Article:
The sea nymph Thetis is trying to prevent her mortal son Achille from participating in the Trojan war. She sends him to the court of the king of Skyros because the oracle had once prophesied that Achille would fall near Troy. At the court in Skyros he begins a love affair with the king’s daughter, Deidamia.
A Greek ship puts in at the harbour and the Greek envoys demand that the King allow Achille to leave so that he can go to war with them against Troy. Achille is living with the young ladies-in-waiting in the palace, disguised in women’s clothes and going by the name of Pirra. But the Greeks have watched “Pirra” and saw how she killed game with an unerring shot while out hunting and are convinced that she is really Achille.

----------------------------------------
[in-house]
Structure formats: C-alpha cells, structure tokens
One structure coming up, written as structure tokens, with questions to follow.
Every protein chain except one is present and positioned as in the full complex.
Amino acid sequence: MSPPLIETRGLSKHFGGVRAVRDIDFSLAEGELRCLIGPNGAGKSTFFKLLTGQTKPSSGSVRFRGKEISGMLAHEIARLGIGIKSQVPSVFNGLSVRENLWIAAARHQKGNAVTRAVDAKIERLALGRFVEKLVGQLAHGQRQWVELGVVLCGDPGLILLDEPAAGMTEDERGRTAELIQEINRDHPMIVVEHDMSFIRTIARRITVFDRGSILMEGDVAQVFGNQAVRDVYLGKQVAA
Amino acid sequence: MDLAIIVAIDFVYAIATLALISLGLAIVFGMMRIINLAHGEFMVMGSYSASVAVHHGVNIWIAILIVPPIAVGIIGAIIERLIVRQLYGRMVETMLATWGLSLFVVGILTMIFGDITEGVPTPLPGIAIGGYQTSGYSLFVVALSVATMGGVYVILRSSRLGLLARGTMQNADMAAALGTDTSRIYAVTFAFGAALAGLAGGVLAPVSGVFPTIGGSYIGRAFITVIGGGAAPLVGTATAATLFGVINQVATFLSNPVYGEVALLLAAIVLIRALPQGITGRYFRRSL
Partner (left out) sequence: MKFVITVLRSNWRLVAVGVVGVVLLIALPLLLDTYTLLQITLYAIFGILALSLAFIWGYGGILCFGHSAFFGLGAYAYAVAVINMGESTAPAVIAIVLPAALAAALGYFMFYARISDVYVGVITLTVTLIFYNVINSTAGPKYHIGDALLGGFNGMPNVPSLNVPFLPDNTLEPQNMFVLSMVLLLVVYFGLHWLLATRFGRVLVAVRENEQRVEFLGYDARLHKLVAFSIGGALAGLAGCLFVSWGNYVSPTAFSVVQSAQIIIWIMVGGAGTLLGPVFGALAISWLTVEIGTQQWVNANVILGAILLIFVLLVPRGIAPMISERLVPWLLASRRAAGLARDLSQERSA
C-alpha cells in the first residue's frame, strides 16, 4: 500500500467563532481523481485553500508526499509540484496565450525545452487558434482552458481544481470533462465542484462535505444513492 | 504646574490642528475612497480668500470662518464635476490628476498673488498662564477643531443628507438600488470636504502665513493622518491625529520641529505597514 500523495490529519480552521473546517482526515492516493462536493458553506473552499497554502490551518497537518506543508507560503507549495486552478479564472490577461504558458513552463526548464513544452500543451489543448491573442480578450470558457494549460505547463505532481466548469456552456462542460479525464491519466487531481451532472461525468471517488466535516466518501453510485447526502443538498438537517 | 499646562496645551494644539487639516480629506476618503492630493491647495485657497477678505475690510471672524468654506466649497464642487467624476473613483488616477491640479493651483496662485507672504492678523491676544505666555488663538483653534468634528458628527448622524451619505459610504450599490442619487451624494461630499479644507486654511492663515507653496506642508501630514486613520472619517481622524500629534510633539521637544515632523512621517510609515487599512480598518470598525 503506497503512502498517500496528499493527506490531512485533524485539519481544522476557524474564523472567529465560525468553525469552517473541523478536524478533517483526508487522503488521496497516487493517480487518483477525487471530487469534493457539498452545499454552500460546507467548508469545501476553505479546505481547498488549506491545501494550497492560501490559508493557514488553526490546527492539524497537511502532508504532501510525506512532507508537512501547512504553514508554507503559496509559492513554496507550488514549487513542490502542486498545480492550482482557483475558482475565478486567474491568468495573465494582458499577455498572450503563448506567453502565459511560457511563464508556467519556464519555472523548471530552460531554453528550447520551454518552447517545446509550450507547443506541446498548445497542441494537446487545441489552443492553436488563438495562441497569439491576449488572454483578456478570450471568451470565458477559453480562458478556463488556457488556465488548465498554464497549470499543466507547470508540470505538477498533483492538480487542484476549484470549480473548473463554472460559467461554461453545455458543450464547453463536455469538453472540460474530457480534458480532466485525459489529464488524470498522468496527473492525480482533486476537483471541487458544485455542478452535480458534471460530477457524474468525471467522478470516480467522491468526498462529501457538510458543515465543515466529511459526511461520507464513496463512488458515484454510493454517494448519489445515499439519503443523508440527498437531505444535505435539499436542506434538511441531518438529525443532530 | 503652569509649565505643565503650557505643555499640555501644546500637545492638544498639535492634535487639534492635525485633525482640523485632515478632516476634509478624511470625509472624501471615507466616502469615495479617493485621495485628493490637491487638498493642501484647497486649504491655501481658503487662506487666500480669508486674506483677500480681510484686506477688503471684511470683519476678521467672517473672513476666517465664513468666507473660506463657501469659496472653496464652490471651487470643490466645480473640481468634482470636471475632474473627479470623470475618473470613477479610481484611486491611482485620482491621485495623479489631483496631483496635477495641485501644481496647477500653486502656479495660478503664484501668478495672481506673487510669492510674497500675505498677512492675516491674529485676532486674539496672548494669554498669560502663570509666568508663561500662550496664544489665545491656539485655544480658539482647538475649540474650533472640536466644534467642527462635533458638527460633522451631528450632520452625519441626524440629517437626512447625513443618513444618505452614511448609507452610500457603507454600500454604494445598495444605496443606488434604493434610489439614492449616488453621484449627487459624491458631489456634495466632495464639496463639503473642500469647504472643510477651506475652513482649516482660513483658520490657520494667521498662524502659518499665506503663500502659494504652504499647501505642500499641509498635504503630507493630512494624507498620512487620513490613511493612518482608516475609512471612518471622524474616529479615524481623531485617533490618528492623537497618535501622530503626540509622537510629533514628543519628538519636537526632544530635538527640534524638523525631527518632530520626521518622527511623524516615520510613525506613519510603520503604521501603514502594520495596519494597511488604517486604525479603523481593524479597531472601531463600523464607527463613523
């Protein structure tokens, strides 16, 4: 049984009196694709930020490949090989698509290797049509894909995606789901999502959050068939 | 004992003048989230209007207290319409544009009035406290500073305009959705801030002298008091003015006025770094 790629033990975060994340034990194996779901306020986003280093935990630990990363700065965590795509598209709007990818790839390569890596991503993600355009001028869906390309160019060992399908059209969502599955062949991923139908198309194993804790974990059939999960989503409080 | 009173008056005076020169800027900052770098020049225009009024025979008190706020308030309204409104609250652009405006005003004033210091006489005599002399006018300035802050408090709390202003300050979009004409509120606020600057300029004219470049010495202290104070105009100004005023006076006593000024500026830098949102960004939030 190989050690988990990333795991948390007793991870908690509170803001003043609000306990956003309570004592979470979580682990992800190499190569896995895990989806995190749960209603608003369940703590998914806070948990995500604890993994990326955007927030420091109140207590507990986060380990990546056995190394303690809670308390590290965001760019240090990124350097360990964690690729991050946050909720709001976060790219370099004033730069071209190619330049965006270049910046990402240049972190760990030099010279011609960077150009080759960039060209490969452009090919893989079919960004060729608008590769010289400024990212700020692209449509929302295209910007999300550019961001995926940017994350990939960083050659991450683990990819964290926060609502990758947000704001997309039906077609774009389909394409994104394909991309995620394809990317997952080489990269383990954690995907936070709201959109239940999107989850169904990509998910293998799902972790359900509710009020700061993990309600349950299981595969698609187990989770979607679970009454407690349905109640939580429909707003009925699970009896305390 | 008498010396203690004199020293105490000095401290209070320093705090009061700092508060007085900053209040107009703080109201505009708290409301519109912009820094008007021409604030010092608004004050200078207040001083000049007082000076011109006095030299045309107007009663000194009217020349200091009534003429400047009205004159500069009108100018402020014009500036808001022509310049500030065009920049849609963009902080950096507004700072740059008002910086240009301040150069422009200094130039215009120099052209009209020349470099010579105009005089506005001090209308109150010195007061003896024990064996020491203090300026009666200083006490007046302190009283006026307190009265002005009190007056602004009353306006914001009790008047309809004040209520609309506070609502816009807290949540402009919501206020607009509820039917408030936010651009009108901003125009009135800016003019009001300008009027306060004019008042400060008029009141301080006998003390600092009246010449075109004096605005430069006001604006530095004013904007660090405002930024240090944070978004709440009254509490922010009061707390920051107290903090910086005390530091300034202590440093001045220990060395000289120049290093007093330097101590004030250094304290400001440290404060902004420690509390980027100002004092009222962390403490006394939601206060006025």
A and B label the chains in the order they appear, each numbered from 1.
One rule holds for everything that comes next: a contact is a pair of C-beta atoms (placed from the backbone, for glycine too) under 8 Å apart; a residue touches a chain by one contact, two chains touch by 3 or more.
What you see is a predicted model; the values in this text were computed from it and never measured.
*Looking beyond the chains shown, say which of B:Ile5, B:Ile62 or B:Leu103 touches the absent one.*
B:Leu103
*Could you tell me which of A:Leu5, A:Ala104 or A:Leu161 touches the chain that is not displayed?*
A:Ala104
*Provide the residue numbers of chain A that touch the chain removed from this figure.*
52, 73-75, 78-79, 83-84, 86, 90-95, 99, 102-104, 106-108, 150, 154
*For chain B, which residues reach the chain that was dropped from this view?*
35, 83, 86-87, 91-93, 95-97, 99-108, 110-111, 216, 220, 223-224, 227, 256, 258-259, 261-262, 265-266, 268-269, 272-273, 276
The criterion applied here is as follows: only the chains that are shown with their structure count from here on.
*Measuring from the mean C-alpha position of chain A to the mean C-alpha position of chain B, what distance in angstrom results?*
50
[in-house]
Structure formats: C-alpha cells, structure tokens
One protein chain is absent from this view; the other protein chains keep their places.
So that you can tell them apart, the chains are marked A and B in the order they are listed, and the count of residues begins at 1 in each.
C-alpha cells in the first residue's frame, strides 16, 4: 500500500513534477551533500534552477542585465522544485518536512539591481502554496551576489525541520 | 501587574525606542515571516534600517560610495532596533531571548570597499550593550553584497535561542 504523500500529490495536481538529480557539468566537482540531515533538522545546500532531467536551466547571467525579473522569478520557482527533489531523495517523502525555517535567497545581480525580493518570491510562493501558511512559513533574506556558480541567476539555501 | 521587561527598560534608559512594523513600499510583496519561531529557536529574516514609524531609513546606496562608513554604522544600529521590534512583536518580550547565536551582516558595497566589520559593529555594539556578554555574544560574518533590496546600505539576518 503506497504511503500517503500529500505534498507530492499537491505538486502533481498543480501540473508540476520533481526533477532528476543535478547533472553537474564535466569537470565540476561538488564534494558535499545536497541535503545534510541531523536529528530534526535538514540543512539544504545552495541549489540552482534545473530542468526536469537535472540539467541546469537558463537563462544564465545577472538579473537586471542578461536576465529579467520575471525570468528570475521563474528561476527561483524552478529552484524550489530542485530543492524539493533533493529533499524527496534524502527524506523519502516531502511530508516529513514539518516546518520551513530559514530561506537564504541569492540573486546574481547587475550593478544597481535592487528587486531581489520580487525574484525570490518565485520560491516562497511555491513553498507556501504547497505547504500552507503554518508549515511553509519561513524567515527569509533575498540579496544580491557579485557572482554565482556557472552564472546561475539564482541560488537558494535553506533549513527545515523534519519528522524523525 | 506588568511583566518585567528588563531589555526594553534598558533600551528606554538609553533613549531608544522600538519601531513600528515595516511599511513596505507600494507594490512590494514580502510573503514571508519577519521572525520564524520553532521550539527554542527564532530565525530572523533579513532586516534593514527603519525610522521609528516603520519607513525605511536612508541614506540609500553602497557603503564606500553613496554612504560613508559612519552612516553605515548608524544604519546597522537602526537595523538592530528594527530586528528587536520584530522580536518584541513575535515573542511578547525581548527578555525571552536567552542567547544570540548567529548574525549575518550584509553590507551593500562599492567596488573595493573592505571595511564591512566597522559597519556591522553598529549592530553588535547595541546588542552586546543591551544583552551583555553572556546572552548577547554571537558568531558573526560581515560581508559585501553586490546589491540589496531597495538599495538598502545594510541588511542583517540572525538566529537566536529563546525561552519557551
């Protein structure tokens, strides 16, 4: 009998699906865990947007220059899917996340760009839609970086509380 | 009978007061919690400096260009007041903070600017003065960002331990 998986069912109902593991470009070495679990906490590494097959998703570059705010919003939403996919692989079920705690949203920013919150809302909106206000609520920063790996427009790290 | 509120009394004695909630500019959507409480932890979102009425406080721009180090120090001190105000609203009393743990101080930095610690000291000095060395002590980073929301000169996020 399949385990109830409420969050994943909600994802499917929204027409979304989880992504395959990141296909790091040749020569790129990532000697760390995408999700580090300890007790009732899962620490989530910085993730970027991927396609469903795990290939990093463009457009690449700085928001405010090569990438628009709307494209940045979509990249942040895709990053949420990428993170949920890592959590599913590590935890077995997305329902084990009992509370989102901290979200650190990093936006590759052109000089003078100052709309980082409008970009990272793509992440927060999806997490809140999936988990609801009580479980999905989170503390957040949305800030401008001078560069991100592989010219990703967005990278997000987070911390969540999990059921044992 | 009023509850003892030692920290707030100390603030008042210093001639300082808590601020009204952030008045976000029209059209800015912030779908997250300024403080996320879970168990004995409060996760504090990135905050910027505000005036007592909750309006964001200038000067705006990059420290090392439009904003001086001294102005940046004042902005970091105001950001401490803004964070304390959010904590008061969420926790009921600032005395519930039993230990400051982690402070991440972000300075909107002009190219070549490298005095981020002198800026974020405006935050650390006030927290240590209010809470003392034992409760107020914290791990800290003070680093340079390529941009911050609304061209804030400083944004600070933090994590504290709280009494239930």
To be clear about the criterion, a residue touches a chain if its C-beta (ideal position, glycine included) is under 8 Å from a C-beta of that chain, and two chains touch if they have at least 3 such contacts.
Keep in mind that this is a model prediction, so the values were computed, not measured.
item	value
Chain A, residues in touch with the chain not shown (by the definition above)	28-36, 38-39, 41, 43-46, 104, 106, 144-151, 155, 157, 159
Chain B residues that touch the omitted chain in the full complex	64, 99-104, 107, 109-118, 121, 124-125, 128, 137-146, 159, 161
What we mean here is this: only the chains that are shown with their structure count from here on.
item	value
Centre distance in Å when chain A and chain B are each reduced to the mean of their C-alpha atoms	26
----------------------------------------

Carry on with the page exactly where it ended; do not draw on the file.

The tale of Achilles in women’s clothes was a popular theme ever since opera first began. During the last stage of his time spent writing opera in London, Handel experimented with a number of different musical and dramatic concepts. But Deidamia was not a success and was performed only three times. With this work, Handel ended his career as an operatic composer and devoted himself henceforth to the new genre of oratorio.